Group donates 'Watershed' to Dolores library

Film explores our current water challenges

JAY LOSCHERT, at center, hands "Watershed" to Carole Arnold, director of the Dolores Public Library, along with Dolroes River Boating Advocates Board member Julia Anderson, at right. The group donated the movie to the library and will screen it on Jan. 19.


For the Dolores River Boating Advocates, nothing is quite as important as water.

Not only does it provide the thrills of white water rafting down the beautiful Lower Dolores River, but it also provides life: life to fish, animals and us.

The group recently donated the movie "Watershed" to the Dolores Public Library, a movie that features the importance of the Colorado River, its tributaries and the resource it provides all of us and is rapidly becoming increasingly popular in demand.

"There is a lot of pressure on the Colorado River," said Jay Loschert, program coordinator for the Dolores River Boating Advocates.

The group felt so strongly about the movie, which is narrated by Robert Redford, that the board members donated their personal money to purchase a public copy of the movie to donate to the library. They also scheduled a screening of the movie on Jan. 19 at 7 p.m. in the library to start a discussion on the movie.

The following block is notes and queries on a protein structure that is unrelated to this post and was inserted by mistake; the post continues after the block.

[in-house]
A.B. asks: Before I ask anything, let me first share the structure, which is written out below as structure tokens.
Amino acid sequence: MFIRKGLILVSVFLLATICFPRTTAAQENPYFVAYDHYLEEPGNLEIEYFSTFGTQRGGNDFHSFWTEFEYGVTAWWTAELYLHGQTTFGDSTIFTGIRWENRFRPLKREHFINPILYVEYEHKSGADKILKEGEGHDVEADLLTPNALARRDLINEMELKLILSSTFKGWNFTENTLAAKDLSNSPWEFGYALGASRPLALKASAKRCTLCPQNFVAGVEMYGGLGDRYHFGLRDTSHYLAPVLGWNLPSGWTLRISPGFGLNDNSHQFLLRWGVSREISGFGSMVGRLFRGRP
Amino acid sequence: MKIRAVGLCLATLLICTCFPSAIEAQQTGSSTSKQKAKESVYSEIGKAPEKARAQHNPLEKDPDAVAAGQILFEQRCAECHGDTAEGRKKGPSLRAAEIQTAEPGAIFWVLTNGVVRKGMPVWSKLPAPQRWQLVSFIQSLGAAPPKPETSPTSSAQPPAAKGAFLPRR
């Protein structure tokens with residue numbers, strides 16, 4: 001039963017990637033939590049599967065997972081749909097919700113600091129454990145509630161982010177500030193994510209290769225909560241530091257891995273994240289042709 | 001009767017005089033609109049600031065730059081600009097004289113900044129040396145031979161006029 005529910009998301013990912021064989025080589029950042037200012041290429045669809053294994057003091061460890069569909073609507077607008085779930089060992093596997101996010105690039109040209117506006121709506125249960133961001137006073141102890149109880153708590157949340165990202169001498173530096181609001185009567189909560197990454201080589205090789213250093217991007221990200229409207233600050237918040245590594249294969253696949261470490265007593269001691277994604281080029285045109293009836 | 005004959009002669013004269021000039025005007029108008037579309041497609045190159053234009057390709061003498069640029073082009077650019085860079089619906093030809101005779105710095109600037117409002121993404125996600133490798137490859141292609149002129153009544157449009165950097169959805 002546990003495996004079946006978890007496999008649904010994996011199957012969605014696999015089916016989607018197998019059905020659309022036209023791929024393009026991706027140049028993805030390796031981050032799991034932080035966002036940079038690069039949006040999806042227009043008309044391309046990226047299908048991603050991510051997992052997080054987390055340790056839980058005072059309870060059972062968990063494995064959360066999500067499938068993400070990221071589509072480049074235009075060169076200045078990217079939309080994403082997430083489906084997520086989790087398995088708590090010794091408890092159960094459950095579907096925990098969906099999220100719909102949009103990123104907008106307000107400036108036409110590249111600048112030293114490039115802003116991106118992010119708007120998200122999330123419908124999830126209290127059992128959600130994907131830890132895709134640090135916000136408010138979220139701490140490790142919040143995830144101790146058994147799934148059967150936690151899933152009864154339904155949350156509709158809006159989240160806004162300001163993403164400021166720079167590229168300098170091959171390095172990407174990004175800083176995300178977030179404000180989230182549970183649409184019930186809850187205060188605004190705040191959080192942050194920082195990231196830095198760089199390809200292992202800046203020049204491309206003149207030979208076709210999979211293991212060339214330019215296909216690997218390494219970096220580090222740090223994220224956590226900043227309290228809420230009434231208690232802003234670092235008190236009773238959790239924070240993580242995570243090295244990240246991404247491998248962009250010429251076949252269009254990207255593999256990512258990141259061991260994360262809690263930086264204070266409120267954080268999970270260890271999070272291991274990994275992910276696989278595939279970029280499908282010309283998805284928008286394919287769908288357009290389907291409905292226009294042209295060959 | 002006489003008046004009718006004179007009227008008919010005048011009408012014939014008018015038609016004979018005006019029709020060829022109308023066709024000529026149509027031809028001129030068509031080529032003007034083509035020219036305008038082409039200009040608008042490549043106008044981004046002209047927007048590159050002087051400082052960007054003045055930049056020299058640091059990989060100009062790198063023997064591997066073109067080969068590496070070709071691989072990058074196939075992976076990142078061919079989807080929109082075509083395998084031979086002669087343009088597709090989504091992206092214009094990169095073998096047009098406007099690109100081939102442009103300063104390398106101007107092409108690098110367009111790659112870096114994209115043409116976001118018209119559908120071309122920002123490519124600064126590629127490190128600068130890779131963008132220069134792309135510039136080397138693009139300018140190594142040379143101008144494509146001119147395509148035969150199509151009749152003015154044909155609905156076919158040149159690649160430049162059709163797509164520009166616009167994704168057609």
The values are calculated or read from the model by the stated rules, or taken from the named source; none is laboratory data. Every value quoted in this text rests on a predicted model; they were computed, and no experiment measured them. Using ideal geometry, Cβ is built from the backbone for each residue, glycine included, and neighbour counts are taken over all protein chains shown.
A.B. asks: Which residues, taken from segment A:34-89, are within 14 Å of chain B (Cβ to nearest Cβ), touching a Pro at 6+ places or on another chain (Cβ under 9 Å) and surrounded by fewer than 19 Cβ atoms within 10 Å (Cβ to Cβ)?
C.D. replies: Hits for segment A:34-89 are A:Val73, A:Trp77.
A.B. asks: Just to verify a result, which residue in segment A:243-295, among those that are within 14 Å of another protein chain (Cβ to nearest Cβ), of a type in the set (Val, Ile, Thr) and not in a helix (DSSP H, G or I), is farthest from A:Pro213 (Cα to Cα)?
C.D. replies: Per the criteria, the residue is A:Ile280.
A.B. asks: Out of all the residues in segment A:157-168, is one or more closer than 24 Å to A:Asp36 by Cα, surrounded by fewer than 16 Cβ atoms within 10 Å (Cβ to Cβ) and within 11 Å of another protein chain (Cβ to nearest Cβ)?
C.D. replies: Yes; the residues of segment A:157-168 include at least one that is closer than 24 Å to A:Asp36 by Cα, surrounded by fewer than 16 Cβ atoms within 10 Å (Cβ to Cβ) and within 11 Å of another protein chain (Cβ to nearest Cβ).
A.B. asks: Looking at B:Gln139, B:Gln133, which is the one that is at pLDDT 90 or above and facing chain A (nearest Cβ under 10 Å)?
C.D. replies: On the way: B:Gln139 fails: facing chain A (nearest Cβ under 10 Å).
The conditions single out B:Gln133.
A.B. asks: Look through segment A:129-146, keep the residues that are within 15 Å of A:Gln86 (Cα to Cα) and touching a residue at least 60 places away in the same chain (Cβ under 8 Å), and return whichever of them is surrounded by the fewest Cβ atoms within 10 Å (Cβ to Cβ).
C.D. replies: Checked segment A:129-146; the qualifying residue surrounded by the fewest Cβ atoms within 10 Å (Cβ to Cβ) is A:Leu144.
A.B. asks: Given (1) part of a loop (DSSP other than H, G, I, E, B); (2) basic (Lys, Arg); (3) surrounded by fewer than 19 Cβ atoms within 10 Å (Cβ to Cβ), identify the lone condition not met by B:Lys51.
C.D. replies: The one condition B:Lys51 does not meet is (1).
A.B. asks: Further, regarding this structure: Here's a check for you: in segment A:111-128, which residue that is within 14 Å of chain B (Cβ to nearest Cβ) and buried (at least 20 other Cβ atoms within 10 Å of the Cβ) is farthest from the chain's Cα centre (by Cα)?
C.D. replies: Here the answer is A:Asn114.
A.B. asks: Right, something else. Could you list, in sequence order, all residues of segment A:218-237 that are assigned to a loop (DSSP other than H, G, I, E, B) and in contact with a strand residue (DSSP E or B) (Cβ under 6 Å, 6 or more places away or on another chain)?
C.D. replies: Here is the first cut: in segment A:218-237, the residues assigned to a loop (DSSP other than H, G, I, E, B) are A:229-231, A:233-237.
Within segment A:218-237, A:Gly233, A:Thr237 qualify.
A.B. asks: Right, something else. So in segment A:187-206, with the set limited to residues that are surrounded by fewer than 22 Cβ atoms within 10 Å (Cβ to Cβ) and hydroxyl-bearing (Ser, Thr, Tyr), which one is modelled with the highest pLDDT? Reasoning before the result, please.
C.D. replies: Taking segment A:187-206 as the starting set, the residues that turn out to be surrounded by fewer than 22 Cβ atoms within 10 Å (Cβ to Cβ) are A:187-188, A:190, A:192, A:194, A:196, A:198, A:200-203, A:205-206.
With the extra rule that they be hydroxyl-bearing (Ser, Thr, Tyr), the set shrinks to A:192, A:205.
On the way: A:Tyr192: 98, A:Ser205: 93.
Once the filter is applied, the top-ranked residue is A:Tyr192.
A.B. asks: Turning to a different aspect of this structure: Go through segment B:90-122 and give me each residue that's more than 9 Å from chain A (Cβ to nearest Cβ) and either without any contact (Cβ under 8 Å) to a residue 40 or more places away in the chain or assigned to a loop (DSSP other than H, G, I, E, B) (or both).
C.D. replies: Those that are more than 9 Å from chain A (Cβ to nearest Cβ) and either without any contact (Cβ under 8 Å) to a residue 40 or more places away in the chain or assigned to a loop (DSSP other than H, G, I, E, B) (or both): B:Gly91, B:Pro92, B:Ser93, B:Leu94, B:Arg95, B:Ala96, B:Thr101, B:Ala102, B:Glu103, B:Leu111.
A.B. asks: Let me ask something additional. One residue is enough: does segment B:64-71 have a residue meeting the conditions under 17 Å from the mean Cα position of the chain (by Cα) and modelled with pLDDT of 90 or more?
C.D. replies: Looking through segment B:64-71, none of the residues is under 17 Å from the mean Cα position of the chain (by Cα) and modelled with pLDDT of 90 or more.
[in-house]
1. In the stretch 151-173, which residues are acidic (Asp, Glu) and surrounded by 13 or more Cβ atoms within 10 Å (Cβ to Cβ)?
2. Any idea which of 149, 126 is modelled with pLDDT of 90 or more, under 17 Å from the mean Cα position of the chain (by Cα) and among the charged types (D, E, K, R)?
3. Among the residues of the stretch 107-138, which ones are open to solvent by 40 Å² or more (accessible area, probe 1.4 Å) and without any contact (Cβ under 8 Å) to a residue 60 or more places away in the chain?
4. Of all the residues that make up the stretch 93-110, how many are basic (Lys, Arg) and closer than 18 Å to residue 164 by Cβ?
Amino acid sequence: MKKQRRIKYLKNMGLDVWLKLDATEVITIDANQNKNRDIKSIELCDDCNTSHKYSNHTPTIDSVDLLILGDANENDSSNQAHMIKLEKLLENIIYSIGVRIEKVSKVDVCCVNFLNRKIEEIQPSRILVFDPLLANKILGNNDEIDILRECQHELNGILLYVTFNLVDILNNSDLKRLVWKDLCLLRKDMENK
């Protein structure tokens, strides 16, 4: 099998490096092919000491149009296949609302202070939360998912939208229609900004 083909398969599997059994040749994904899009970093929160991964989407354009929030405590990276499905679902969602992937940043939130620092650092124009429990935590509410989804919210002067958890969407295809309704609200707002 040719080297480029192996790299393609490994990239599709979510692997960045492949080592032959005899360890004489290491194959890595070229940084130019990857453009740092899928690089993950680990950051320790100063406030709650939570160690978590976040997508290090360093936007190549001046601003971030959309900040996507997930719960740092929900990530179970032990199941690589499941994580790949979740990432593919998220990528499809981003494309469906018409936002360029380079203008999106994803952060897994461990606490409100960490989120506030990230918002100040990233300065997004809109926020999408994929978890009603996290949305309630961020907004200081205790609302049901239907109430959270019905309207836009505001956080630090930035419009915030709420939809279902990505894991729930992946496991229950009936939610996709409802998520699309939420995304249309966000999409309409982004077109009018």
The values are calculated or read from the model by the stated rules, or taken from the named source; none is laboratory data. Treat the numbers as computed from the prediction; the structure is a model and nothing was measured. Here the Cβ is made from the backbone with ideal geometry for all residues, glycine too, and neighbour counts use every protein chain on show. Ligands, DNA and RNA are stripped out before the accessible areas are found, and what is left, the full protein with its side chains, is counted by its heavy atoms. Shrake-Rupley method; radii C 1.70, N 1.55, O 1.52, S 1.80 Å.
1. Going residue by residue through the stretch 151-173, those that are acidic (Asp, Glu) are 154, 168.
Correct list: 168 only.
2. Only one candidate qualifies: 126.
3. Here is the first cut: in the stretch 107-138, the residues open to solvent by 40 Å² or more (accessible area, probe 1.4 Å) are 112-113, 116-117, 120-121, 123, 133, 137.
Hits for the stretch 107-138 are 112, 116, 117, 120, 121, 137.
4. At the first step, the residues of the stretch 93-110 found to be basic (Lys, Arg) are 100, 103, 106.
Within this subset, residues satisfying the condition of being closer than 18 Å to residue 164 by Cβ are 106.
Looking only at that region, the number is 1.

The film, which is produced by Redford the Redford Center, highlights the Colorado River system and features some local people, such as Dan James of James Ranch in Durango.

Loschert hopes the film will spark debates about how to conserve water and get locals thinking about their water usage.

"The board is really interested in exploring and discussing climate change," Loschert said.

Loschert has invited some of the people that appeared in the movie to take part in the discussion following the screening.

"It raises more questions than answers which is good for each community has to deal with these changes individually," Loschert said.

Loschert said he has always been frugal with his water, but after learning about the Colorado River and the wetlands that used to cover Mexico before the river started to run dry in Mexico, he believes he will change his ways a bit.

"I'm pretty frugal with my water, but I don't think I will water my grass as much this year," he said.